July 2018

Some of you may have been following my blog for quite some time.  So, for you, this may be a repeat.

My husband inherited a trunk from his parents.  He knew ahead of time that this trunk had belonged to his grandfather, Albert Bringe.

When hubby acquired the trunk, we thought it was strange that it had the initials, C. F. B., painted on the side of the trunk.  We were even more curious when we opened the trunk and discovered that there was a label on the inside of the lid.




So, if Albert Bringe owned the trunk, why were the initials C.F.B. on the trunk, and how did Albert get the trunk from Los Angeles to northern Ohio?  As some of you know, Albert Bringe did go west as far as Oklahoma, but not all of the way to California.

Further investigation found that Charles F. Bringe [known as Carl], brother of Albert, was listed in the 1900 U.S. Census as residing in Paso Precinct of Kern County, California.  He was a boarder in the household of George Flasher, and Charles was a tool dresser in the oil wells.

So, Charles, brother of Albert, was the original owner of the trunk.



Here is a page of the 1870 U.S. Census.  And, also, two “highlights” of that page.



1870 U.S. census, Barnstable County, Massachusetts, population schedule, Northwest, p. 13 (penned), p. 7 (stamped); digital image, FamilySearch (http://www.familysearch.org : accessed 13 July 2018); citing National Archives microfilm publication M593, roll 600.


Do you see the information that is provided with the King family and the Wail family?  (Keep in mind that the census was enumerated in June 1870.)

In the King family, it is noted in the census that William and Mary were married in May of 1870 (really entered in wrong column – I doubt that they were both born in May of 1870).

In the Wail family, it is noted that Edward and Adeline married in May of 1870 (really entered in wrong column – I doubt that they were both born in May).  And, it is also noted that the daughter, Elizer, was born in August of 1869.  Be careful!  Could it be that both marriage and birth happened in 1869?

Further checking will need to be done.  Even so, this may be more information than you have on these couples.  So, the 1870 census will still be of help.


Since I have researched much on this Wolter family, and I feel a little confused about what information I have, I think it is time to do a re-start on the research.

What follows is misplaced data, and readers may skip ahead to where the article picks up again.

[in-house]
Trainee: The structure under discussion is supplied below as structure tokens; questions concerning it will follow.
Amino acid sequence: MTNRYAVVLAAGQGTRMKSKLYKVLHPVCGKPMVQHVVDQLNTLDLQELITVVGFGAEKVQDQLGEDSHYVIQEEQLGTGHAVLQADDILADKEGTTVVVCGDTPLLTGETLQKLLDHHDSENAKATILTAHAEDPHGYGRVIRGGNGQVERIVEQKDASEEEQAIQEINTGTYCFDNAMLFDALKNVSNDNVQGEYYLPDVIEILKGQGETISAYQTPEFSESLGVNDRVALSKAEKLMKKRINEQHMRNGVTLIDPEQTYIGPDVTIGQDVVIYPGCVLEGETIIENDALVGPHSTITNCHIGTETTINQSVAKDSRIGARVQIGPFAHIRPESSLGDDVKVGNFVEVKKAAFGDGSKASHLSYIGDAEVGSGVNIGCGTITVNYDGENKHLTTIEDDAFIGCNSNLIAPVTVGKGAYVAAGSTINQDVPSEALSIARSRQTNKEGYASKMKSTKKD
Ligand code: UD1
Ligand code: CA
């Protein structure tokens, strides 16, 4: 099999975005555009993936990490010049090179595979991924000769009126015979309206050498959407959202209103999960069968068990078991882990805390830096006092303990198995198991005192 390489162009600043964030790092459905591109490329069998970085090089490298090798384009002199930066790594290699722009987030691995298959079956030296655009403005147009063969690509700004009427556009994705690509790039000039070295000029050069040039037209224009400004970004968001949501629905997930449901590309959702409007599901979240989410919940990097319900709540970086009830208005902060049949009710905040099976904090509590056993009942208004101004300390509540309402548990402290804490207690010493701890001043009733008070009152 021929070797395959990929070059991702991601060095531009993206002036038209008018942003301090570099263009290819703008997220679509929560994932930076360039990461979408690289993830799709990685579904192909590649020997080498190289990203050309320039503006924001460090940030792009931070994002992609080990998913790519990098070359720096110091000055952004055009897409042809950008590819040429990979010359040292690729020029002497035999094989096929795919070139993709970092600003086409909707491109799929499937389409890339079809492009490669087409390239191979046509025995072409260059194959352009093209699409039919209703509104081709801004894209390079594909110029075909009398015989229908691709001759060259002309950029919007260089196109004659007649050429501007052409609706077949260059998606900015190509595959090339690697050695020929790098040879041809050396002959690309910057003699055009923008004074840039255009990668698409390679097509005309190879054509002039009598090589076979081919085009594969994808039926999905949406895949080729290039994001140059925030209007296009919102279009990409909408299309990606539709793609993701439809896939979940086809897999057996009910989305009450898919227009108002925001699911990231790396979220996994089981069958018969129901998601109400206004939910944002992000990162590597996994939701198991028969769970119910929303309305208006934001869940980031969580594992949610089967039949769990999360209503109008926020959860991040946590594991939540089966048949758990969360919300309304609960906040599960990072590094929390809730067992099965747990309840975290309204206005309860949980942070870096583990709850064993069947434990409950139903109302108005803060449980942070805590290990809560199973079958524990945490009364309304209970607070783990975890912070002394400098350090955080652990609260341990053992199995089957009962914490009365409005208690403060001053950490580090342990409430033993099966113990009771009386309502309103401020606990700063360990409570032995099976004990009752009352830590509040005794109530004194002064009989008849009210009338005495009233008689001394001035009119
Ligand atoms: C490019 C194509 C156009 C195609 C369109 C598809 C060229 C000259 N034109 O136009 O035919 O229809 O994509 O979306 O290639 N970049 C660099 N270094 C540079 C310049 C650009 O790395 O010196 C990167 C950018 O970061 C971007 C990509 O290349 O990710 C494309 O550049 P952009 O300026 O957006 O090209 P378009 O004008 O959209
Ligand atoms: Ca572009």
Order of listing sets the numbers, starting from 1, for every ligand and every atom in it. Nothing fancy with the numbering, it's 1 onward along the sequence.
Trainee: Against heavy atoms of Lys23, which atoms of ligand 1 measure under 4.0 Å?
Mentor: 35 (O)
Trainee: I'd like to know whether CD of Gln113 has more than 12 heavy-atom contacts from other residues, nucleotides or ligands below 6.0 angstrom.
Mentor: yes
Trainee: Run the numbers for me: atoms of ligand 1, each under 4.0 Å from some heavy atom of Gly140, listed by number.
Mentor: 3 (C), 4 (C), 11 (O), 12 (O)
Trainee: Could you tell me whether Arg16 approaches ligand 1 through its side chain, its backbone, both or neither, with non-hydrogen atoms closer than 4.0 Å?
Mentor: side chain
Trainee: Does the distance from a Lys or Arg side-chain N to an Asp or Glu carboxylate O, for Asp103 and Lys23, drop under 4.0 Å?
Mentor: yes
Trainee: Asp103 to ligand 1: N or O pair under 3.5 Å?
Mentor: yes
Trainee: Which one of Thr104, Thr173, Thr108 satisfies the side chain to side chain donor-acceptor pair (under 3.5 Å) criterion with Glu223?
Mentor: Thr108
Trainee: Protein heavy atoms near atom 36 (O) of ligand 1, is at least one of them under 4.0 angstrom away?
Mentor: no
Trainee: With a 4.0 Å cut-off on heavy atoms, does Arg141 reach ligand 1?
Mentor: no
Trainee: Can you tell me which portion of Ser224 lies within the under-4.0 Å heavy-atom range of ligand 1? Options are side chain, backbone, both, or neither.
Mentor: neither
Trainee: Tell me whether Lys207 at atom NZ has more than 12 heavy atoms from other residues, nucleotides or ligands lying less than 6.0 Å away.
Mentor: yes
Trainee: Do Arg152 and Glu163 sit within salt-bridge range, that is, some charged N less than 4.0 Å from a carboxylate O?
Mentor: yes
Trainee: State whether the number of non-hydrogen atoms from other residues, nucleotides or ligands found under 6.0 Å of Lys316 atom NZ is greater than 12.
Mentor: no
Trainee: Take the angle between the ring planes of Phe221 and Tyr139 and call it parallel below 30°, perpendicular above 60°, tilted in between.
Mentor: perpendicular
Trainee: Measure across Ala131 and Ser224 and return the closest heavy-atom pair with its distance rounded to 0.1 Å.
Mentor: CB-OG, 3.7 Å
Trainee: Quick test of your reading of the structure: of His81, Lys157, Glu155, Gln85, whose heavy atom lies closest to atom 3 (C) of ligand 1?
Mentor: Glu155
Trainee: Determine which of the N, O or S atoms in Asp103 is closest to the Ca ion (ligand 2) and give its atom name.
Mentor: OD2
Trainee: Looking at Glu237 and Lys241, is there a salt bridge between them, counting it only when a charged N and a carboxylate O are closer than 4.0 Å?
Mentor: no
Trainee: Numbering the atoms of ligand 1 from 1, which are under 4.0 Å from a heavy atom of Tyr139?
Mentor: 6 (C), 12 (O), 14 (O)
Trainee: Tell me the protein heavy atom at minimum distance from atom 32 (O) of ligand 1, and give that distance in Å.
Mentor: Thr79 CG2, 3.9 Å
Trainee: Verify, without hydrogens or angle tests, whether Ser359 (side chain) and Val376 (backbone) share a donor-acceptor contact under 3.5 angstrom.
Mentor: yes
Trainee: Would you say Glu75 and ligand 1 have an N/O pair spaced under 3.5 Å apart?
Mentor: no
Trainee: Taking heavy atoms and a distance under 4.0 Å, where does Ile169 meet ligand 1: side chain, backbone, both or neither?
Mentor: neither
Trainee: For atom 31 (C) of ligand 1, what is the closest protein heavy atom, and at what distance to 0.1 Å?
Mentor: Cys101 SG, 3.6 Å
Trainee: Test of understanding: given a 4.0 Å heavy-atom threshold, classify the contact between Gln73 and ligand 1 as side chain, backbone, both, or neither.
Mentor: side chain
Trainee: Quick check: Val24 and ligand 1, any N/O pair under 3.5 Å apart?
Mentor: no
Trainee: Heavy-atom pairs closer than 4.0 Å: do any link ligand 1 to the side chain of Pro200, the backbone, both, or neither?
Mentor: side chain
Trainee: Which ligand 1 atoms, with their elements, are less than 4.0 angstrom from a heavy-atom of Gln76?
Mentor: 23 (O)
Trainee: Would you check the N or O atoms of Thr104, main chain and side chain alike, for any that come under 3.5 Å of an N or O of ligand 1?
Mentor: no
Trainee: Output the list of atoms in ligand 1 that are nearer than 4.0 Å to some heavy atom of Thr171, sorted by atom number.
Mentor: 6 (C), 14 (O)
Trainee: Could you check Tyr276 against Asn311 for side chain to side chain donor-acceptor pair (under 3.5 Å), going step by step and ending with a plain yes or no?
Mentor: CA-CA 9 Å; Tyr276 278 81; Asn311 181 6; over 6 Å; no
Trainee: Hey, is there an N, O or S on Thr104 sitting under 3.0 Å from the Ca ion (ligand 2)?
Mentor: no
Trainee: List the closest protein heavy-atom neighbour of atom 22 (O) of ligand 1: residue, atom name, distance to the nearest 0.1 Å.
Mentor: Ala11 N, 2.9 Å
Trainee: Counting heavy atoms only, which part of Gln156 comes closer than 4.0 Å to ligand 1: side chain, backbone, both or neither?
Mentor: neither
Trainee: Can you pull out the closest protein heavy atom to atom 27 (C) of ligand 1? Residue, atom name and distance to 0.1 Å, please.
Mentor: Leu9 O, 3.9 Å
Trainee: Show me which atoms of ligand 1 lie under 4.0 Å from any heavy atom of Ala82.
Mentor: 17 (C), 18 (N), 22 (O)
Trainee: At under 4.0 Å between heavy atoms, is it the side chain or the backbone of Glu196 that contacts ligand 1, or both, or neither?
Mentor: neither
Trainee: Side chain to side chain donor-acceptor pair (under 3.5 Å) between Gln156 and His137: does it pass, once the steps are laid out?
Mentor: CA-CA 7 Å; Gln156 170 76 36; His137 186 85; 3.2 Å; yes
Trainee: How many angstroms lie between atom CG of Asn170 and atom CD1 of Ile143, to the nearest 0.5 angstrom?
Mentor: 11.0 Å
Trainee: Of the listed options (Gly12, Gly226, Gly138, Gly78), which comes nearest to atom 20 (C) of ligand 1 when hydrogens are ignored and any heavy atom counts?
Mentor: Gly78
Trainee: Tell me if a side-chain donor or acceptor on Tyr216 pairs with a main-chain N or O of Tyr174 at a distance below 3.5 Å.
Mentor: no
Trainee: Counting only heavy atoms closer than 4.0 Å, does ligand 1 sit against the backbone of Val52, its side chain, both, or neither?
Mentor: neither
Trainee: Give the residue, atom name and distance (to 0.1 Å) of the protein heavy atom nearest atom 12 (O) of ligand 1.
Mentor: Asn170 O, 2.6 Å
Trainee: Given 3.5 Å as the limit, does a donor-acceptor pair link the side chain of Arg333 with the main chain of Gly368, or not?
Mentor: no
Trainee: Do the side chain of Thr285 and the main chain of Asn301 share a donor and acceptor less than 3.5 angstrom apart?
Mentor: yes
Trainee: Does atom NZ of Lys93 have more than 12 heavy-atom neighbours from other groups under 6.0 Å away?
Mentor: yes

In my last post, I posted the obituary for Charlotte Wolter.  In the obituary, we discovered her birthdate.  And, we discovered that she had lived in California and Phoenix, Arizona, before moving to Correctionville, Iowa, in 1968.

I searched the following book and did not find any family with the last name of Wolter or McCormick:

Bethel Methodist Church (Phoenix, Arizona), The Official Membership and Church Record of the Methodist Church: A Permanent Record of Membership and Other Historical Data of the Bethel Methodist Church, 546 E. Osborn Rd., Phoenix, Arizona, no publication date; PDF download, FamilySearch (http://www.familysearch.org : downloaded 17 July 2018).


No other records have been found in my search at FamilySearch, Ancestry.com, or Fold3.

More in my next post.


Have you backed up your files lately?

For me, it works to use a cloud storage for backing up all on my computer, automatically. And, I also use a cloud storage that I have for “only family files”.  And, I have two external hard drives for family files, and one external hard drive for all files.

This may seem extreme to some, but I do not want to be in the situation where either the cloud storage fails or the external hard drive fails, and I have no other back up copy.


Since I have researched much on this Wolter family, and I feel a little confused about what information I have, I think it is time to do a re-start on the research.

Back in Wolter Family – 11, I posted information found on Charlotte Wolter.

Back in that post, I mentioned about finding the obituary for Charlotte. The obituary has been found!  Thanks to someone who was able to help me, this is her obituary:




“Miss Charlotte M. Wolter,” Sioux City (Iowa) Journal, 20 March 1977, p. 28; digital image, Facebook (http://www.facebook.com : accessed 16 July 2018).






Not much “unknown” information is included in the obituary.  However, it does give her birthday and her work history.  And, it states that she had lived in California and in Phoenix, Arizona, before moving to Correctionville in 1968.  As already known, a survivor was her brother-in-law, Roy McCormick.

More in my next post.


Do you have an ancestor that attended college?  How about an ancestor that graduated college?

If you think you may have had an ancestor that did either of these, you should look at college records.

In Indiana, there are colleges that make their data available at the Indiana Genealogical Society webpage – http://www.indgensoc.org.  Colleges included on the site are Ball State University, Butler University, Canterbury College (Danville), Central Normal College (Danville), DePauw University, Earlham College, University of Evansville, and many more.  The dates associated with the colleges range from 1830 through 1964.

Even if your ancestor did not attend college in Indiana, there are many webpages from other states that have college records.

Check them out!


When reading an article in the newspaper, or even in a history-type of book, don’t assume that everything is correct.

The newspaper article may have an error in it.  The history-type book may have an error.

And, have you ever seen an error on a death certificate?  I have seen many!

Remember, the information is only as correct as the informant thought it was!



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